A Python library for parsing command-line args automagically.
argmagiq is a Python library that allows for parsing command-line args automagically.
To that end, all you have to do is to define a configuration class that contains a property for each of the user-defined
args, and let
argmagiq take care of parsing them for you
argmagiq can be installed via pip as follows:
pip install git+https://github.com/phohenecker/arg-magiq
Step 1: Define Your Config Class
Every property (not attribute) of your configuration class that has both a getter and a setter method is
considered as an arg.
Please notice that all args are treated as options, i.e.,
argmagiq does not generate positional args, and the name of
a considered property
my_property is translated into an according option
For example, the following code defines an arg
def my_property(self) -> str:
"""str: This property defines an arg."""
def my_property(self, my_property: str) -> None:
self._my_property = my_property
An important detail of this code snippet is the return-type annotation of the getter method, which allows
to identify the data type of the according arg and sanitize values provided by the user.
At the moment, the types
str are supported.
Notice that generic type-aliases are not allowed except for
X is any of the supported types.
Finally, notice that the docstring of the getter method, if present, is printed as description of the arg in the help
text of the application.
Just like Python's
argmagiq prints an automatically generated help text, if either
--help is provided.
Step 2: Let
argmagiq Parse Args
Once you defined your config class, parsing args is as easy as importing
argmagiq and running a single command:
parsed_config = argmagiq.parse_args(
In this code snippet,
app_description are two strings that define the name of your application, which
is used in its synopsis (the usage instruction at the beginning of the help), as well as a description of the same,
which is displayed as part of the help text.
The return value of
parse_args is an instance of
YourConfigClass that has been populated with the values provided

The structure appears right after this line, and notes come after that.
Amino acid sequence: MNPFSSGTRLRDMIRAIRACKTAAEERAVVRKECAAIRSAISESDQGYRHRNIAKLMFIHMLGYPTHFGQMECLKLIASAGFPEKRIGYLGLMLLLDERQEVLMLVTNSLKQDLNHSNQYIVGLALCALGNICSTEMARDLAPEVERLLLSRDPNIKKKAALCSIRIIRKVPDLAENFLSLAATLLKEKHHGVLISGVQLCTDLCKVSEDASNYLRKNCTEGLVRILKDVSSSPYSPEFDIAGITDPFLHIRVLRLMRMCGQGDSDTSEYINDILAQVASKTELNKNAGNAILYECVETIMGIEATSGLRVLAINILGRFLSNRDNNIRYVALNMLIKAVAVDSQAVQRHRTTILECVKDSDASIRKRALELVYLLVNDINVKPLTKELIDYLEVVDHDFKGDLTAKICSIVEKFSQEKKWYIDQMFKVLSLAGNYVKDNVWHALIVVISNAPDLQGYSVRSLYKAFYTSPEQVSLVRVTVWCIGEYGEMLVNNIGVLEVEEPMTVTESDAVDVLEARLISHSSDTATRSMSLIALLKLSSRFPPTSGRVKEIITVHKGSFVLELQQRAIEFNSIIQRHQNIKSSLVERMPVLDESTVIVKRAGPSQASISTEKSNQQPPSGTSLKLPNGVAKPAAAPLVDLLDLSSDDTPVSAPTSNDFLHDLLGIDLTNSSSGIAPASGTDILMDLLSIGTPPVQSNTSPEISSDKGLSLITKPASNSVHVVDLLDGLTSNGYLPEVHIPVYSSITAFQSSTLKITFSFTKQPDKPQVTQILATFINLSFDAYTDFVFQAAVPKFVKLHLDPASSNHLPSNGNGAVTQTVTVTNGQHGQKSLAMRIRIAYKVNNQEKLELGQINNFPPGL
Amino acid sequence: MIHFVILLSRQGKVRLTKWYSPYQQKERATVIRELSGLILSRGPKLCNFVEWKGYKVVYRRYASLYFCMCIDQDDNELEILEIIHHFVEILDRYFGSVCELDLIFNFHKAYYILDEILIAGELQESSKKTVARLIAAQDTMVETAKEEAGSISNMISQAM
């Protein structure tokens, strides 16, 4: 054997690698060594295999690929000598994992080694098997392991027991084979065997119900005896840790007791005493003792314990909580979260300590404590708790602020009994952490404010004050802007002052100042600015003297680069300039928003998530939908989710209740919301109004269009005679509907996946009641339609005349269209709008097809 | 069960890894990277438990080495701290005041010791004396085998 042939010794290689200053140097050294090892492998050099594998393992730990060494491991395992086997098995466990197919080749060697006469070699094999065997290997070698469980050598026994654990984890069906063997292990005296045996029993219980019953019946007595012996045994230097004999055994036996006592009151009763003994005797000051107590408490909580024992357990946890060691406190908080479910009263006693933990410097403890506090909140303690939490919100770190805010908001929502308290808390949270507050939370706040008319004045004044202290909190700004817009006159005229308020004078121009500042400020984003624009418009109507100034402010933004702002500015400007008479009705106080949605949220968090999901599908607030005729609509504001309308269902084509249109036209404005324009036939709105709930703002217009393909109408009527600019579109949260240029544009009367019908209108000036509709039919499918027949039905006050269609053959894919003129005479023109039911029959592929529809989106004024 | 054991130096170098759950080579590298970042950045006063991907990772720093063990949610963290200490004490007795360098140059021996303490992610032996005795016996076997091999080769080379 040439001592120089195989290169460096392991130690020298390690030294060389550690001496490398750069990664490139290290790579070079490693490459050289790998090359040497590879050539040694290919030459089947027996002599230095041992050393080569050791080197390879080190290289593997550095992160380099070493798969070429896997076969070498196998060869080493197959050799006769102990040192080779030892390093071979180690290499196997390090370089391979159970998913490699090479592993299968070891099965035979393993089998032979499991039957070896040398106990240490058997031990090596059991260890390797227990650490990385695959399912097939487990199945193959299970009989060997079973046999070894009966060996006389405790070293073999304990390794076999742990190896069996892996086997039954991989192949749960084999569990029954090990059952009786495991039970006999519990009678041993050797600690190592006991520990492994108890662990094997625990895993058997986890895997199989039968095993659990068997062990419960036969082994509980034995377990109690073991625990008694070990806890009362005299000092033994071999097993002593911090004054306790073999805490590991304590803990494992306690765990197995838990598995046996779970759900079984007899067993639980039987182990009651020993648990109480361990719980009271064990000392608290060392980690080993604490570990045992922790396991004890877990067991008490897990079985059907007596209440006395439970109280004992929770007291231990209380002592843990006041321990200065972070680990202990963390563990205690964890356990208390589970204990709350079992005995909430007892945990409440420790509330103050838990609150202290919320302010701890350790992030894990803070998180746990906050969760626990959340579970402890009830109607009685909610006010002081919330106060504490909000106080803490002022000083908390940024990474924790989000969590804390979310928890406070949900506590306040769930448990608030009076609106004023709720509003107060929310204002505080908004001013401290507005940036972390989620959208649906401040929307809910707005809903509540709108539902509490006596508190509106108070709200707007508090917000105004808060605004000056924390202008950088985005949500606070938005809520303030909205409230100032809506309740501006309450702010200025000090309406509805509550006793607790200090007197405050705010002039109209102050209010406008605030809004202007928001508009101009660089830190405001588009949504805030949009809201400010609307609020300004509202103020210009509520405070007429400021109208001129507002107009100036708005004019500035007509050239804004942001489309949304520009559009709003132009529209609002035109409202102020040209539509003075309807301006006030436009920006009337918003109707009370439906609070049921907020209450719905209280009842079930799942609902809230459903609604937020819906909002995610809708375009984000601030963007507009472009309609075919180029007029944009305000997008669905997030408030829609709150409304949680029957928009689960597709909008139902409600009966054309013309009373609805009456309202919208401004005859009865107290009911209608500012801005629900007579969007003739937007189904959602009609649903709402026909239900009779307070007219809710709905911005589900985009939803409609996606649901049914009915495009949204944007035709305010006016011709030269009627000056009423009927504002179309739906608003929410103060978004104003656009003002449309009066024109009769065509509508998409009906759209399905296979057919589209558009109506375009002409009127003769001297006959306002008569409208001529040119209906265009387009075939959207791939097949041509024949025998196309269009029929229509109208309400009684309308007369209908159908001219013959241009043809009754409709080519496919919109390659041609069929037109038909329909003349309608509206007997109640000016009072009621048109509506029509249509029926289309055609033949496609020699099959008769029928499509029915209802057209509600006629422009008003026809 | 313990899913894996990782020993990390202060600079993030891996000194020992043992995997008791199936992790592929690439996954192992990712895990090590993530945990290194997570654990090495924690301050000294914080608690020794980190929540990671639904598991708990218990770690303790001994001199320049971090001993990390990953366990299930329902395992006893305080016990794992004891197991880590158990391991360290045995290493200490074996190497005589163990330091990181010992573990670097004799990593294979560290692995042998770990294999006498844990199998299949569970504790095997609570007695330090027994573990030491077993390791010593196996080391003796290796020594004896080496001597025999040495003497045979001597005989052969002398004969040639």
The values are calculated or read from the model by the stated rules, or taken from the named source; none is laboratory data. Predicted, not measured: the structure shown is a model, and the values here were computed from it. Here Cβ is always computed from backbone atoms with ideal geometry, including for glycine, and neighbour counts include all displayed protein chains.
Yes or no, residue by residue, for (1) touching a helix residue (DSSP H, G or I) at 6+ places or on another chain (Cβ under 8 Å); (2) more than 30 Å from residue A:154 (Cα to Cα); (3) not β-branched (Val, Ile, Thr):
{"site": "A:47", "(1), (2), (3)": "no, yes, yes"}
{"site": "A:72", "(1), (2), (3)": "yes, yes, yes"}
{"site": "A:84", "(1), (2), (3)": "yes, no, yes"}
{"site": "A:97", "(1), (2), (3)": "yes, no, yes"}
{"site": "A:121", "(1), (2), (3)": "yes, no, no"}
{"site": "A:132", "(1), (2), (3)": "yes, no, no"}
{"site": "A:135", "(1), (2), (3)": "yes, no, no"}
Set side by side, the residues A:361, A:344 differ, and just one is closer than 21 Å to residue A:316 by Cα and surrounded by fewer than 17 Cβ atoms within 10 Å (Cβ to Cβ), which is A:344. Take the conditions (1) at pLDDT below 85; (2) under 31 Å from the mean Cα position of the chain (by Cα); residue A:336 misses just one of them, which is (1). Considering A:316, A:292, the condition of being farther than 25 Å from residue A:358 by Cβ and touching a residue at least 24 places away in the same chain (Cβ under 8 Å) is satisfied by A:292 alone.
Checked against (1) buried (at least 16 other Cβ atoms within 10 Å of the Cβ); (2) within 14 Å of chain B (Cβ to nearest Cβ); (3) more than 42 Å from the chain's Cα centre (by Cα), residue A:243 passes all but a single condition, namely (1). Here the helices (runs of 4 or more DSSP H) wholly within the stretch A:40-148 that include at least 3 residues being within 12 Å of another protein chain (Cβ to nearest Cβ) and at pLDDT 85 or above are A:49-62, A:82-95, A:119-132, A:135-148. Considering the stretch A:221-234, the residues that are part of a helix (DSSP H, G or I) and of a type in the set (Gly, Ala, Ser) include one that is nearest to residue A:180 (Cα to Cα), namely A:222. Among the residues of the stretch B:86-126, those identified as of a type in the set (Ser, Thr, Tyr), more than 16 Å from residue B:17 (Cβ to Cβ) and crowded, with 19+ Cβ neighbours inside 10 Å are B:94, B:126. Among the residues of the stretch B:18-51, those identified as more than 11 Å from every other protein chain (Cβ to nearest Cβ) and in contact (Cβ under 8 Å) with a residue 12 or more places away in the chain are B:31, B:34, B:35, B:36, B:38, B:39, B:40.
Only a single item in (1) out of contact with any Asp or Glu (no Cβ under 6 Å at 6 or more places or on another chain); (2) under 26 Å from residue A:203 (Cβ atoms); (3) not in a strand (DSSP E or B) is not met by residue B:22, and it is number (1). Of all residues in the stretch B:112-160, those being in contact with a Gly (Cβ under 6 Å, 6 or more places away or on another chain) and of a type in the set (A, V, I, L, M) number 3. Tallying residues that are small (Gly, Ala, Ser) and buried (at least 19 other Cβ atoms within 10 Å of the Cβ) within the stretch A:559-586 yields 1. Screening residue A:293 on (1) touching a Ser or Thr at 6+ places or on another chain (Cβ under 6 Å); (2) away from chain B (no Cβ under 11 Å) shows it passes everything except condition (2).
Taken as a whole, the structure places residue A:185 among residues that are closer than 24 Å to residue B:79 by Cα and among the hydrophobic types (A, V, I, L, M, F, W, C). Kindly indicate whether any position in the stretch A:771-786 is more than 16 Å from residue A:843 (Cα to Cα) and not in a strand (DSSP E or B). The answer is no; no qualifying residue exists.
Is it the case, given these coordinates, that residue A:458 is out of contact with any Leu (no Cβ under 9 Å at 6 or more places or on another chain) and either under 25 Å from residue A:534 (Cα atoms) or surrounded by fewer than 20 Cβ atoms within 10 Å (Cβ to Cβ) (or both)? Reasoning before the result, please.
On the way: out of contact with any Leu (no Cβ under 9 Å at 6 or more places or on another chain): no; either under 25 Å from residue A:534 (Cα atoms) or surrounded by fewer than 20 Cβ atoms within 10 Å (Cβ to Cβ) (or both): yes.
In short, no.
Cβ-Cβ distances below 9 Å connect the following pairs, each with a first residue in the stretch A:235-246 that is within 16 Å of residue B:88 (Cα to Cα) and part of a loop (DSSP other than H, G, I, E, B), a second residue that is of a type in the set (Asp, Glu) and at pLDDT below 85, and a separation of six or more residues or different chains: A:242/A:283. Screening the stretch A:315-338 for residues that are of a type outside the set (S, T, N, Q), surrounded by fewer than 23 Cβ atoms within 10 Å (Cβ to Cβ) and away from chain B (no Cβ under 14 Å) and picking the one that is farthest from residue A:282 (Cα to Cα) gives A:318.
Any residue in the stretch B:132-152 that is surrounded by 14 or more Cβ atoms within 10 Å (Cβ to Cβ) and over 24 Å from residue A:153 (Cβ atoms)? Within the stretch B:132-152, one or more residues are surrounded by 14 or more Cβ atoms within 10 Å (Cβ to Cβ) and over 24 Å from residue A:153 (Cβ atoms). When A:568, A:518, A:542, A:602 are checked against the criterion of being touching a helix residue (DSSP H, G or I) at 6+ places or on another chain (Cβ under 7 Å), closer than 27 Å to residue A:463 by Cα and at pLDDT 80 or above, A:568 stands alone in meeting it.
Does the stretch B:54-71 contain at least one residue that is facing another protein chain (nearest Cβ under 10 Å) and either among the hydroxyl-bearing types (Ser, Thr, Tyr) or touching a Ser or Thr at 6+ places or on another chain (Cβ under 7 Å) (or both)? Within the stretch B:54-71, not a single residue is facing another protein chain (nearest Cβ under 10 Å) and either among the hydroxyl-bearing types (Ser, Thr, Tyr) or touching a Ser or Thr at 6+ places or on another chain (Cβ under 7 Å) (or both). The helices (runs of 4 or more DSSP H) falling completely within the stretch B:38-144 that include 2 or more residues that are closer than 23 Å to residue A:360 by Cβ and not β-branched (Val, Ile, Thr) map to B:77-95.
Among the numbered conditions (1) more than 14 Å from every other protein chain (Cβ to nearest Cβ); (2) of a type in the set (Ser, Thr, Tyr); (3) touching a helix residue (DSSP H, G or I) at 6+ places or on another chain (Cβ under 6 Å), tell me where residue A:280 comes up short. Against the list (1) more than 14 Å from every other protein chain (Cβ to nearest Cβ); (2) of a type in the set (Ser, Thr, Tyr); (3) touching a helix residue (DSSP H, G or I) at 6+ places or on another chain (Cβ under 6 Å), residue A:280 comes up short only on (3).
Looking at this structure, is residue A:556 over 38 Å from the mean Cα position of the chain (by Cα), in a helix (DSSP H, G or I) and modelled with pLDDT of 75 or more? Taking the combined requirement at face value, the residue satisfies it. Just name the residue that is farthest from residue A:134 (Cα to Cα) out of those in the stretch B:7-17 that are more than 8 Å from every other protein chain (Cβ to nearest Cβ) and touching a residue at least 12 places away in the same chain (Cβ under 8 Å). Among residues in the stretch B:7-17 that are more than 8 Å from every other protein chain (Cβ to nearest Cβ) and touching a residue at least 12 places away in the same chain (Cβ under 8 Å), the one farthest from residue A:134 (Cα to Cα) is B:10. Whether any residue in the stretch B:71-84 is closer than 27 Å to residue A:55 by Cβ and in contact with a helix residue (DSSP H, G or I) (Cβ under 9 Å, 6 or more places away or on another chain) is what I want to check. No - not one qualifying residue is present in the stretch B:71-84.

for the corresponding args.
When the help text is printed (i.e., the user provided
If an arg has a default value, then this has to be specified as an attribute of the config class.
The name of such an attribute has to be an all-caps version of the according property prefixed with
For example, the following snippet defines a default value for the property
my_property (which, as before, defines the
DEFAULT_MY_PROPERTY = "blub"
By default, every arg without default value is considered as required, and an error will be raised, if the user does not
specify the same.
If you want to explicitly mark an arg without default value as optional, though, then you can annotate the
according getter method with
def my_property(self) -> str:
Reading Args From A JSON File
As an alternative way of specifying args, which is particularly handy, if an applications requires a lot of
argmagiq allows for providing them as a JSON file as follows:
$ ./your-app.py -- /path/to/config.json
In this example, the file at path
/path/to/config.json specifies the args for the application.
Notice that JSON files have to be shallow dictionaries that describe key-value pairs using the same naming as the
"my_property": "some value",
For full working examples, please have a look at the
Download the file for your platform. If you're not sure which to choose, learn more about installing packages.